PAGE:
Division of Cancer Epidemiology and Genetics, NCI

The Division of Cancer Epidemiology and Genetics (DCEG), National Cancer Institute, provides pre-and postdoctoral training and employment opportunities in epidemiology, genetics, biostatistics and related fields through its high-quality population-based interdisciplinary research activities. DCEG is part of the intramural research program of NCI.

Exhibition Program, NLM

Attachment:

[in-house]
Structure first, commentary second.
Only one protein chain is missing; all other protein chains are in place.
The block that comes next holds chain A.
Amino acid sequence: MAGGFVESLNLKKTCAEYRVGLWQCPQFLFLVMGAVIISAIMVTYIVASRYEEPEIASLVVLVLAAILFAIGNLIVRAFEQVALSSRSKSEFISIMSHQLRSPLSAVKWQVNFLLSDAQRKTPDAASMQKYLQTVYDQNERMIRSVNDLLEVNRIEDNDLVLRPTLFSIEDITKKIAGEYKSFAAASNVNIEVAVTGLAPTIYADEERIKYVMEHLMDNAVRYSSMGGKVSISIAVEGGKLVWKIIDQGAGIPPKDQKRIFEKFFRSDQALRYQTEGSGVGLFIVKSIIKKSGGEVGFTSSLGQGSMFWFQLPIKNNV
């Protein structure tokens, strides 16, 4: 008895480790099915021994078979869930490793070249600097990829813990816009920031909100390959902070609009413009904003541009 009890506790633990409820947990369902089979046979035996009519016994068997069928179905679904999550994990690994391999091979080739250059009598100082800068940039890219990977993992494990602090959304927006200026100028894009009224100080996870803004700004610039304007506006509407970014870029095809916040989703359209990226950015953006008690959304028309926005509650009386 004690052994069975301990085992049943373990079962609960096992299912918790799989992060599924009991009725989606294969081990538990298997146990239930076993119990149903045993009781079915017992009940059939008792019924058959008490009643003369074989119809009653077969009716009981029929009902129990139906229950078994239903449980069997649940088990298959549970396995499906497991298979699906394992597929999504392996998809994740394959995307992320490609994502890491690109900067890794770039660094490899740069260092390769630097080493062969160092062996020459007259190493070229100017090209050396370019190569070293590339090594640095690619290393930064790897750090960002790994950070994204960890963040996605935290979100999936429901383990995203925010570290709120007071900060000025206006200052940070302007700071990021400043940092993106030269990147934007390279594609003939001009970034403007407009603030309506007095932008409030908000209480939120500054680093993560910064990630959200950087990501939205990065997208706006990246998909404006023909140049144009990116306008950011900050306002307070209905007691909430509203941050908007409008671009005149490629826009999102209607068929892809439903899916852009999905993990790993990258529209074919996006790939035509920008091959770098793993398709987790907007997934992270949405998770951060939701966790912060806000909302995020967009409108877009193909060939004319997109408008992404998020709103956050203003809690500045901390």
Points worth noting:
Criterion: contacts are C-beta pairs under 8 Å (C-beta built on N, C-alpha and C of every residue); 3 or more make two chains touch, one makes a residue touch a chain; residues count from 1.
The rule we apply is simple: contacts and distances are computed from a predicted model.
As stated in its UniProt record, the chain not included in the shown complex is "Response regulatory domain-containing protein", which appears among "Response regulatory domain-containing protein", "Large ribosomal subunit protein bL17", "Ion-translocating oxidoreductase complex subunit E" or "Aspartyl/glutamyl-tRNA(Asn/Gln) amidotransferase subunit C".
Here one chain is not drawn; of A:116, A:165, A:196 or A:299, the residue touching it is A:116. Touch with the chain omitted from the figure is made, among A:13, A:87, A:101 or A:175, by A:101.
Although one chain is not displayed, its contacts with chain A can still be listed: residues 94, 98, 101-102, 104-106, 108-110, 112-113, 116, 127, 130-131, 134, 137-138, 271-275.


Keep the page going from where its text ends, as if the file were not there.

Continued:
The National Library of Medicine’s History of Medicine Division (HMD) is one of the world’s largest repositories for historical medical works. From ancient Arabic health practices to current public health issues, the HMD houses a millennium’s worth of media on diverse health topics in its collections. The Division offers access to these treasures to scholars, as well as the general public. In addition, the Division’s Exhibition Program presents interactive, science and medicine-related, museum-style exhibitions; and offers educational programs tailored to visitors’ interests which highlight the Library’s resources and the Division’s priceless holdings. Our current exhibition, Visible Proofs: Forensic Views of the Body, provides a brief history of forensics and details modern forensic techniques and technologies used in the field and the crime lab. The next exhibition, planned to be titled Against All Odds: Making a Difference in Global Health, opens in Spring 2008. For details on visiting hours, tour information, and education programs, please contact the Exhibition Outreach Coordinator at (301) 594-1947 or at